Gender determines health problems in the workplace

Gender equality

Gender-specific occupations are still common in the EU. [(UK Ministry of Defence/Flickr)]

This article is part of our special report Women’s day special.

SPECIAL REPORT / While many occupations are still dominated by one or the other gender, working conditions are gradually changing and are having a different impact on men and women’s health.

Working conditions have improved over the past decades thanks to regulations that protect workers and which also give managers a say when it comes to preventing risks at work.

Although a decrease in work accidents has been observed in Europe since the mid-1990s due to corporate social responsibility, new risks are emerging such as social risks, according to Marine Coupaud from the University of Bordeaux in France.

Speaking on Wednesday (4 March) at a conference on Women’s Health and Work organised by the European Trade Union Institute (ETUI) in Brussels, Coupaud highlighted that ‘burn-outs’ are one example where gender factors comes into play. 

Contrary to the prevailing view, women are not more sensitive than men when it comes to interpersonal relations and remarks about their work. But Coutaud said physical working conditions obviously have a greater impact on women.

“Working more than 40 hours per week will have a negative impact on both men and women’s health, but the trend is worse for women. Working more for a woman will create more disorders and more health problems than for men. Mainly, this is due to the fact that a lot of unpaid work, such as domestic work, is also mainly carried out by women on top of the 40 hours of paid work,” Coupaud said. 

And of course, paid work remains a discriminating factor, with the gender pay gap currently estimated at 16% on average in the EU. Women are still overrepresented in lower-paid sectors of the labour market, and underrepresented in decision-making positions. As EURACTIV reported previously, experts have highlighted the growing frustration among women about inequality, saying this lack of diversity is unhealthy for society and the economy. 

Since the European Commission proposed a law on gender balance on company boards, more companies are looking for female talent, and since October 2010, the share of women on corporate boards has risen by 7.6%. 

France moving forward

Florence Chappert from the National Agency for the Improvement of Working Conditions in France (ANACT) said that since 2014, companies with more then 50 employees are required to make risk assessments that take the gender factor into account.

While industrial activity has declined in France over the past decades, the number of women working in the sector has increased without there being major changes to the work, Chappert noted. This means that women are now more exposed to industrial risk than men, she said.

An analysis carried out by ANACT among companies with more than 50 employees in Brittany, also showed that the recruitment process was mainly favourable to men, and that women were mostly employed with fixed duration contacts, which offer less stability.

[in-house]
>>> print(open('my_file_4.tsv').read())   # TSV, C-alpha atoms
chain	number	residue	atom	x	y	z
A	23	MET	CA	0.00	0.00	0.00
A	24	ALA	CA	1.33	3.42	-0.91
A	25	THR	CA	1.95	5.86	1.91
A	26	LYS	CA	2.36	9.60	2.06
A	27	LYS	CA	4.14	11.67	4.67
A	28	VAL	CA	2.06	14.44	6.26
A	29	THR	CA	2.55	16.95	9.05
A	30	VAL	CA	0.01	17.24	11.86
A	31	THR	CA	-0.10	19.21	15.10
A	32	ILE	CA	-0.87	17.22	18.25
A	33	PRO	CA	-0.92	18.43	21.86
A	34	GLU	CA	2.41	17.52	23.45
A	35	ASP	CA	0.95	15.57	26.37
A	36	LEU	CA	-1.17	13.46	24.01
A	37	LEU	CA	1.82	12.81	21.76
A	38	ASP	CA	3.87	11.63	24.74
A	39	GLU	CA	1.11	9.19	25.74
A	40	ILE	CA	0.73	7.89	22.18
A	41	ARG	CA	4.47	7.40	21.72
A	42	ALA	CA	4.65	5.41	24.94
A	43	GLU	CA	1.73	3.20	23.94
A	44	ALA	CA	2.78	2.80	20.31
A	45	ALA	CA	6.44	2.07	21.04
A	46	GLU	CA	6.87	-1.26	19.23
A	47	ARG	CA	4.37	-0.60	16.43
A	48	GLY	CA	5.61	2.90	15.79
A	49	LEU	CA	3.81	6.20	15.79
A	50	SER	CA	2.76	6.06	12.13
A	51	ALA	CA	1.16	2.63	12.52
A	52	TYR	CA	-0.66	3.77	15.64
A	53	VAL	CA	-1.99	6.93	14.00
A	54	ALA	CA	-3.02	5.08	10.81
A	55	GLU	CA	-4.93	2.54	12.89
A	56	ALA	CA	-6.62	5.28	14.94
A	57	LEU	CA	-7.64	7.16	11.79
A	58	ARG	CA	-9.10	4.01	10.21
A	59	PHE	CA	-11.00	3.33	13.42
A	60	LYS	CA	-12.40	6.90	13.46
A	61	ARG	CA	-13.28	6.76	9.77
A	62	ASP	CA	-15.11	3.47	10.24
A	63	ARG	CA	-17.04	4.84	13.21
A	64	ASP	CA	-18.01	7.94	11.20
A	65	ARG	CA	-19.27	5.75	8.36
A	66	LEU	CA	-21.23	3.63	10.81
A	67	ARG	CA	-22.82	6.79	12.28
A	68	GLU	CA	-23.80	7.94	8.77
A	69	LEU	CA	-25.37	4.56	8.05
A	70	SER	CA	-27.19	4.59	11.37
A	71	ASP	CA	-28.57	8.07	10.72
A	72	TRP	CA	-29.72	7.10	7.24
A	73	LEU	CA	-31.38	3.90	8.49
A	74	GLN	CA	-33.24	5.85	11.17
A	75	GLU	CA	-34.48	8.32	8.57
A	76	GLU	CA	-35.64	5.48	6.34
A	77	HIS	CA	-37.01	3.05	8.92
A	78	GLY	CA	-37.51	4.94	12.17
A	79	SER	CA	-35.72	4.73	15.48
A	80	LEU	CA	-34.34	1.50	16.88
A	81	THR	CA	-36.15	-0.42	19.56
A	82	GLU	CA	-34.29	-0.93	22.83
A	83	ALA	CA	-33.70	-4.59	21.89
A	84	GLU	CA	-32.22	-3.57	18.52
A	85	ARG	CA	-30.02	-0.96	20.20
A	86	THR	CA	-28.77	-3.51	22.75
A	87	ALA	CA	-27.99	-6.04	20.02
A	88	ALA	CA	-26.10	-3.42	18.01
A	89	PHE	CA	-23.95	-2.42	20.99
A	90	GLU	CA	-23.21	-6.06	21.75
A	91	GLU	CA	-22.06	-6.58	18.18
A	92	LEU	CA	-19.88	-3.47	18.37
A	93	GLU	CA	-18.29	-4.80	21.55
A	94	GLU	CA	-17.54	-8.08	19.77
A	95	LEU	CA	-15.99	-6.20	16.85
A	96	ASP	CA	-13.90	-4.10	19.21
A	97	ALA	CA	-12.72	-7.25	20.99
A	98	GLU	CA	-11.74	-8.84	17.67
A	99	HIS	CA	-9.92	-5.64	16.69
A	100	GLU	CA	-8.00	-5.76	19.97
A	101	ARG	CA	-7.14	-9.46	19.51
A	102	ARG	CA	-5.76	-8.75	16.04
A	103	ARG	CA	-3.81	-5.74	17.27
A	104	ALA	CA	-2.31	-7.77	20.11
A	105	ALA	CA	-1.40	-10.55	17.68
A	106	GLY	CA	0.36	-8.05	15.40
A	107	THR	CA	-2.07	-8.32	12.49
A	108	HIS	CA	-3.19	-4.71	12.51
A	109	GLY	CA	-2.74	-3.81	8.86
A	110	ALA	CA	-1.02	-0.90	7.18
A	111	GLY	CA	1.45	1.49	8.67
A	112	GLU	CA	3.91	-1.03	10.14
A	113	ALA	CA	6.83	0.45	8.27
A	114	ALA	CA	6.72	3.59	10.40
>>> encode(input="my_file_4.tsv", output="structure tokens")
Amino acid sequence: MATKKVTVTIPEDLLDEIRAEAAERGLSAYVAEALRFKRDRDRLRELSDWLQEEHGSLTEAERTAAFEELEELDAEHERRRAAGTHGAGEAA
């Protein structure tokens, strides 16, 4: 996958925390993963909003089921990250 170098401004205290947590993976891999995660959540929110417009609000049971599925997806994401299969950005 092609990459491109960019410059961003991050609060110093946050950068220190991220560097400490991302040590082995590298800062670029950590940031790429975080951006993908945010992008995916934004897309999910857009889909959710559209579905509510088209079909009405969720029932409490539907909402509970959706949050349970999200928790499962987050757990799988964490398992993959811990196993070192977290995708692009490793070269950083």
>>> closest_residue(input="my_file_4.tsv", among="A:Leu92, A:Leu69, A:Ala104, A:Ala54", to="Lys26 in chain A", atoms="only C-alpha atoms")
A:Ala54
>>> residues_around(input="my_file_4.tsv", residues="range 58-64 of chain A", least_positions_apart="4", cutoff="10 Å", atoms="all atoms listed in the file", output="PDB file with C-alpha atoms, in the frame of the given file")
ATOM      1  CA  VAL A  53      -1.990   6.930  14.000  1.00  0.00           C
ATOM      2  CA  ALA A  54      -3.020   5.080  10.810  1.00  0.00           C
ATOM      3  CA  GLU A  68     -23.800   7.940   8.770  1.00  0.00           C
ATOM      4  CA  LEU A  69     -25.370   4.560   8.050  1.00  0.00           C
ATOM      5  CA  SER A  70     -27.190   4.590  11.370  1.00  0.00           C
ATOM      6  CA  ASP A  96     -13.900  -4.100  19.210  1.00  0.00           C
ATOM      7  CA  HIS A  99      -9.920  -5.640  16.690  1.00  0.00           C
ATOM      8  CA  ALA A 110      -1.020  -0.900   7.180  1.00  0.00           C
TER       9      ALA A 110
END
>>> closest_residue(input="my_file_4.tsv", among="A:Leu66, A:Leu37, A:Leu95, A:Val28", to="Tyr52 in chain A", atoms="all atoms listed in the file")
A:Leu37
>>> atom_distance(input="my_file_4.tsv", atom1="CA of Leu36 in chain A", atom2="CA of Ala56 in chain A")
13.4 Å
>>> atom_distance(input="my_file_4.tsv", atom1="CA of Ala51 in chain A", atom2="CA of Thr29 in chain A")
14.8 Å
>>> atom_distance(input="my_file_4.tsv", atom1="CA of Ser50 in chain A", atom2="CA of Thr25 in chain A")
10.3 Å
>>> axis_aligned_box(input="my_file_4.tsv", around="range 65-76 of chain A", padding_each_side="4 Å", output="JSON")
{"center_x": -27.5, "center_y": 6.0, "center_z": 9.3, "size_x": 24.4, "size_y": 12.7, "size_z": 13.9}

This resulted in a differentiated exposure for men and women when it comes to occupational risks, said Hélène Plassoux from ANACT in Brittany. The women often had changing schedules every week, which made it harder for them to organise professional and family life, she said.

?Swedish workers stuck in traditional sectors

Even in Sweden, which ranks amongst the most progressive countries in the world, there are male- and female-dominated occupations. 

Mats Ryderheim from the Swedish Work Environment Authority warned that those looking up to Sweden for good examples on gender policies will be disappointed.

The Swedish government set up an enquiry committee a few years ago to find out why women in general were more absent at work than men. The inspections which were carried out in a number of Swedish municipalities ended up revealing how much some sectors were dominated by men and others by women. For example, in the social homecare sector, only 8% of the employees were men, while 40% of the women working in this sector had part-time jobs. Meanwhile, in the technical services sector, 75% of the workers were men.

Ryderheim said working conditions in the social homecare sector were particularly difficult for women because they required flexible hours to ensure proper care, a demand which was draining the workers’ energy. Meanwhile, in the male-dominated technical services sector, workers often had to deal exclusively with machines – for example garden equipment – and were able to switch them off and go home exactly at 4pm.

He mentioned that the women in the homecare sector found it difficult to keep up with the workload and the amount of stress that followed while the workers in the technical services sector reported being able to manage the workload and stress.

Gender equality in employment was included in the Treaty of Rome singed in 1957. The first piece of secondary EU legislation in the field was the Equal Pay Directive of 1975, which prohibited discrimination on grounds of gender to all aspects of remuneration.

In November 2012, the Commission proposed a directive on gender balance on company boards, setting a 40% quota of women on non-executive directors. The text is stuck in the Council.

  • 8 March: International Women's Day

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